We had a skype exchange session with India, we had some Breakdance Cyphers and rappers on stage and we saw Joel Sames fantastic photo exhibition “Round the Potholes”. All together at one nice place in Bugolobi, called the Fas Fas.Photographer Joel Sames has been following Street Culture activities around the globe. His photographs allow an insight into the skateboarding, breakdance and Hip-Hop scenes of Afghanistan, India, Cambodia and Uganda. Joel especially focuses on programs and organizations using the empowering qualities of those subcultures in the field of development cooperation and peace work.
The exhibition “Round the Potholes” presented on the one side kids who were hitting the streets of Kabul on their skateboards, performing an “oli” or practicing at empty places in their hometowns.
On the other side the exhibition allowed an inside view to the Breakdane Project Uganda which was founded in February 2006. BPU uses breakdance and other elements of the Hip Hop culture as a tool to empover and unite young people and provide them with skills and confidence to become active, socially conscious individuals. Joel Sames escorted BPU for more than one month, documenting the work with his camera. His own eyes were sometimes even faster than the moves of the B-Boys to obtain the perfect photo. The camera worked as some kind as a bridge between the breakdancers, their goals and the viewers. But not only the camera and the photos give people a platform to be heard. There was one more magical thing at the exhibition, which was responsible for the awesome atmosphere: The Street Culture.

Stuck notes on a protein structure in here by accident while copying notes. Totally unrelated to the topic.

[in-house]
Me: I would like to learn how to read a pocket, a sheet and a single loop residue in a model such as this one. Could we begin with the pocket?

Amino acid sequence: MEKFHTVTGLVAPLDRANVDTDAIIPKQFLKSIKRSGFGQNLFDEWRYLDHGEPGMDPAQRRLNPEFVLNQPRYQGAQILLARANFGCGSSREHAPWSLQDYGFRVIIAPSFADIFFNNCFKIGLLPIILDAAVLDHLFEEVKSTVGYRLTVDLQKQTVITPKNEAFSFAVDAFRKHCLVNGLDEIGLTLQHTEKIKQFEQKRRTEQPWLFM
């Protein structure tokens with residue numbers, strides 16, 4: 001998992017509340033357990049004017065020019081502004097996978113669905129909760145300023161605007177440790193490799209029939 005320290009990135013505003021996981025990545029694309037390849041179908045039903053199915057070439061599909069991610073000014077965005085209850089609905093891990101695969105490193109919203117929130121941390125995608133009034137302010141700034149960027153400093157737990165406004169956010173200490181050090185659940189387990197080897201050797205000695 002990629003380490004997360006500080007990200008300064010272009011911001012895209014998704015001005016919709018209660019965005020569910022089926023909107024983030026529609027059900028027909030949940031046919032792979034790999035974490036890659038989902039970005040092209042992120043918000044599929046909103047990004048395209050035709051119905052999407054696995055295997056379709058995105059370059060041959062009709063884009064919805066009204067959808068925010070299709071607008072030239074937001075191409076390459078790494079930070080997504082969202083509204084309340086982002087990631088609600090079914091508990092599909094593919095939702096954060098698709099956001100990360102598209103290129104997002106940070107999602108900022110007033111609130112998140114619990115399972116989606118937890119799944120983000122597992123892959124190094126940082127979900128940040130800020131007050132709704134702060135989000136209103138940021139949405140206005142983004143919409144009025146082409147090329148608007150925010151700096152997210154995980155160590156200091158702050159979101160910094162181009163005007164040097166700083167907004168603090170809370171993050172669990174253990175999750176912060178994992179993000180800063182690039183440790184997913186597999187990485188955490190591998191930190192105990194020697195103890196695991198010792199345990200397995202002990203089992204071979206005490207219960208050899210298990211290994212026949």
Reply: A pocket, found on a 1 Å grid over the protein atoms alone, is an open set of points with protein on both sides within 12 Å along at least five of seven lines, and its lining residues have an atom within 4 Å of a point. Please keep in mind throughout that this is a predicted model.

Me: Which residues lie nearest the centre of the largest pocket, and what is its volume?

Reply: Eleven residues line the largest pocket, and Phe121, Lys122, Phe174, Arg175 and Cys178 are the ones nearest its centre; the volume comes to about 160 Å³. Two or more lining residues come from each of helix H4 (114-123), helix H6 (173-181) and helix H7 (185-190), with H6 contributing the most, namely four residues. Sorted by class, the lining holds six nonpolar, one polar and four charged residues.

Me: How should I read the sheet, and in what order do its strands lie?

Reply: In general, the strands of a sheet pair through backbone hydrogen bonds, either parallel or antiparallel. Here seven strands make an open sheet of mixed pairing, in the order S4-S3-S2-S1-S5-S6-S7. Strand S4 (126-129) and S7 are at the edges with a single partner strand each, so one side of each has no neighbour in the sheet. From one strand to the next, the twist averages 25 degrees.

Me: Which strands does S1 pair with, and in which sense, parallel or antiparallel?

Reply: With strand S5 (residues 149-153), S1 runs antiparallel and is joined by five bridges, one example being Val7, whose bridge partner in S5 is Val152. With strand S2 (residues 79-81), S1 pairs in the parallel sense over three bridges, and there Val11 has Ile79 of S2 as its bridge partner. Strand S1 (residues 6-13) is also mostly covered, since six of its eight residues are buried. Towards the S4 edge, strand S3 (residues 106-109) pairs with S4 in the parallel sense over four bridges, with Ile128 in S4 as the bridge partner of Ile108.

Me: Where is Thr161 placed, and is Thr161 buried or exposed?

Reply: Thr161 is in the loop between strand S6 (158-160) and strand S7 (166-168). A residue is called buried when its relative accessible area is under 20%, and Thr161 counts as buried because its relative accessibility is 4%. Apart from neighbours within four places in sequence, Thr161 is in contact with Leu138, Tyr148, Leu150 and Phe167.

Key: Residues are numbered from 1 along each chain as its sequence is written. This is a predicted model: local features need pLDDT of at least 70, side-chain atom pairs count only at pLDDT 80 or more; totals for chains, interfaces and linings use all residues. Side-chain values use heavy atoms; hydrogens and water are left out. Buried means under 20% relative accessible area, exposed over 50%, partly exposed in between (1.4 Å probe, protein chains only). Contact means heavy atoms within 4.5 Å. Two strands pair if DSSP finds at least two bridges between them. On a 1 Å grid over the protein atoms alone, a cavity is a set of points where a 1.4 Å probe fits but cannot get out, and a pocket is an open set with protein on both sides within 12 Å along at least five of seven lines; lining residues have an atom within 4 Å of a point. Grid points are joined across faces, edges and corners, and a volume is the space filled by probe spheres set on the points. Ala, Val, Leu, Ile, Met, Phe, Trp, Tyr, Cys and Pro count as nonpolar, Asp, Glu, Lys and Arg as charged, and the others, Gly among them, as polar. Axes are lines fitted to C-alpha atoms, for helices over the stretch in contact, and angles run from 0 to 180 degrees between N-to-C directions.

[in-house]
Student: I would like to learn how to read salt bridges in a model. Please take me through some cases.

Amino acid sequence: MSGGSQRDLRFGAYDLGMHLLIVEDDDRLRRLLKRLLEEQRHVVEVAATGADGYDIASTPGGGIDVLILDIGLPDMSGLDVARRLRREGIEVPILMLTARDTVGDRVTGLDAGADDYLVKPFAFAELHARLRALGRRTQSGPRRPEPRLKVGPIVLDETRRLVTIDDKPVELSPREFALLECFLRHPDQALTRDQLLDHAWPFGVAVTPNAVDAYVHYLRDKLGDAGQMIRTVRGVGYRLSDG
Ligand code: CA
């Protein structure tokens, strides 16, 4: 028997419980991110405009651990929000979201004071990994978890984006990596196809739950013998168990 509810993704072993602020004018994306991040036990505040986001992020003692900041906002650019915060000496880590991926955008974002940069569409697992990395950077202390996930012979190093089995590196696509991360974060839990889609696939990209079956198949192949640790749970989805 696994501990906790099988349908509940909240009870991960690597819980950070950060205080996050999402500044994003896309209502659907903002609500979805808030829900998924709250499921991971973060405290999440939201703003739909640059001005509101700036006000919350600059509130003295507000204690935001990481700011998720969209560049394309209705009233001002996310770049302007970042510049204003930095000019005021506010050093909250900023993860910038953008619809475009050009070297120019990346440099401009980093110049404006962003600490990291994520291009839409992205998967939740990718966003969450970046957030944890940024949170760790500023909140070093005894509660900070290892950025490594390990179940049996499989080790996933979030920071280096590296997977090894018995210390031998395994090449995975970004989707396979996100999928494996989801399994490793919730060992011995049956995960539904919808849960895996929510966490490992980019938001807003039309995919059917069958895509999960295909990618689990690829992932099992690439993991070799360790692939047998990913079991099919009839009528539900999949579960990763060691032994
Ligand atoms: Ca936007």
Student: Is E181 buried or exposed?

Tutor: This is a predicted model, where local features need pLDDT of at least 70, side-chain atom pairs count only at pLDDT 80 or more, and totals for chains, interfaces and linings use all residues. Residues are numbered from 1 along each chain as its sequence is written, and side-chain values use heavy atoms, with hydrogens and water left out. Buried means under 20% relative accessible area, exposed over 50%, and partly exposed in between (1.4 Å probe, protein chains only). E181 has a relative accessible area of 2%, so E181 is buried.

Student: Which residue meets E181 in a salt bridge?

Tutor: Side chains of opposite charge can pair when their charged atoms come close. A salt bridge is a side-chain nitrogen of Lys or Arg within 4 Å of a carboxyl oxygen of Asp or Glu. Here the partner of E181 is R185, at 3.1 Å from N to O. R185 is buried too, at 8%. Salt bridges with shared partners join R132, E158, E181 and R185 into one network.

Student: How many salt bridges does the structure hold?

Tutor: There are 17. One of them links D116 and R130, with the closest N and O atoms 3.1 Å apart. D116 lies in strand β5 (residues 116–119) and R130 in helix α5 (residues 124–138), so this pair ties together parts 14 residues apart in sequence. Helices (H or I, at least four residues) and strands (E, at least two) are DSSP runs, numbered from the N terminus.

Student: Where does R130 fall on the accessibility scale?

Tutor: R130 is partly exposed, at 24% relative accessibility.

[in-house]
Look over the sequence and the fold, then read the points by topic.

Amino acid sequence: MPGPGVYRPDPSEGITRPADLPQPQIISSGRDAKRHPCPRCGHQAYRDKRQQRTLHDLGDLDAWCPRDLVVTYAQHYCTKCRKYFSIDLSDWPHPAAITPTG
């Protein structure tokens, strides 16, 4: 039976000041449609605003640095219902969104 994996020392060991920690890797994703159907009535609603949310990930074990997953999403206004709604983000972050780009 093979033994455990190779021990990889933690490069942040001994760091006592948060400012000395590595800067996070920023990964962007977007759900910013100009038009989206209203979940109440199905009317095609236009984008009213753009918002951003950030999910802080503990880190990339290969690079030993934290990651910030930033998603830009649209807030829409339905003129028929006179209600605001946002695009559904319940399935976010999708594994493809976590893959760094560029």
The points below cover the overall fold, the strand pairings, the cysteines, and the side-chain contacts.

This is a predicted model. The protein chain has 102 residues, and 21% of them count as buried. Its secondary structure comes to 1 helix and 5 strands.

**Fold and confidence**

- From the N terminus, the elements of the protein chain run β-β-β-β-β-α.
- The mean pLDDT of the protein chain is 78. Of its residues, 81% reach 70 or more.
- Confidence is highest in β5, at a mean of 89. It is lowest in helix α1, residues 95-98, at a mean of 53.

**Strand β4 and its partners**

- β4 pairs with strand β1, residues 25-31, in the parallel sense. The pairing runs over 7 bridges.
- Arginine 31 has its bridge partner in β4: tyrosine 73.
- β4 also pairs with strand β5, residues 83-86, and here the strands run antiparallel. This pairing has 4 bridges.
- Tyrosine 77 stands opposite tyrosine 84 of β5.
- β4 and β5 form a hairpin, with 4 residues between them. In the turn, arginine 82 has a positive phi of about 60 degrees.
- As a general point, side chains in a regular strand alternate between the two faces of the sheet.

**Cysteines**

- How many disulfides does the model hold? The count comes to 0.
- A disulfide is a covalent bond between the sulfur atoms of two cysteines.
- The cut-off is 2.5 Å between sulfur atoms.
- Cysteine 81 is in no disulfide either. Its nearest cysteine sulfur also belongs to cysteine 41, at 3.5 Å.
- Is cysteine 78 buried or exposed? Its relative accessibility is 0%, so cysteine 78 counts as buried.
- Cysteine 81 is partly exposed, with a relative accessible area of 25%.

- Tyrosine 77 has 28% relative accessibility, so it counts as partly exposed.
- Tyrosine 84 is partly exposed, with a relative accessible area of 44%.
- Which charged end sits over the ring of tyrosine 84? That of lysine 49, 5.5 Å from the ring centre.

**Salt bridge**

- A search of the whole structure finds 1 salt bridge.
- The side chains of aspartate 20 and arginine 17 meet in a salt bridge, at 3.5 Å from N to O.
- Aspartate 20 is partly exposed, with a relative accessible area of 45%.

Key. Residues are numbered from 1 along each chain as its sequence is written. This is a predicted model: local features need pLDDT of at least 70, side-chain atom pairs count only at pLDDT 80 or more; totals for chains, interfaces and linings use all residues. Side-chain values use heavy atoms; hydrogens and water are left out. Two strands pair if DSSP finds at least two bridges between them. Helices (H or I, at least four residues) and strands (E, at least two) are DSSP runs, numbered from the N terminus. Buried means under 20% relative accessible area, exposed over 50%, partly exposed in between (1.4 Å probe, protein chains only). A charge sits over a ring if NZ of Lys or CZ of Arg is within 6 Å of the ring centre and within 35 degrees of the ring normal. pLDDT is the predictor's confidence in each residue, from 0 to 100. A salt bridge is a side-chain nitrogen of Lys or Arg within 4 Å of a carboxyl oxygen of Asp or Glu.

Street Cultures like skateboarding, breakdancing and street art have the fascinating potential to bring people of different backgrounds together, bridging the gap between their social and cultural differences, and thus creating an opportunity for exchange and cooperation. Hip Hop, skateboarding, and BMX are no longer only part of Western culture, but have become global phenomena that are growing especially quickly in Asia.
Many of the people that are involved with these activities have recognized that sport and creative programs can be connected to “Empowerment” and education in a very sensible way. The networks of these various street cultures work in an informal way to overcome language, codes and symbols. Consequently, heritage, religion, skin color, or social status are pushed into the background. All in all it´s a big family. You can feel the spirit and motivation of young people who are hungry for the next challenge.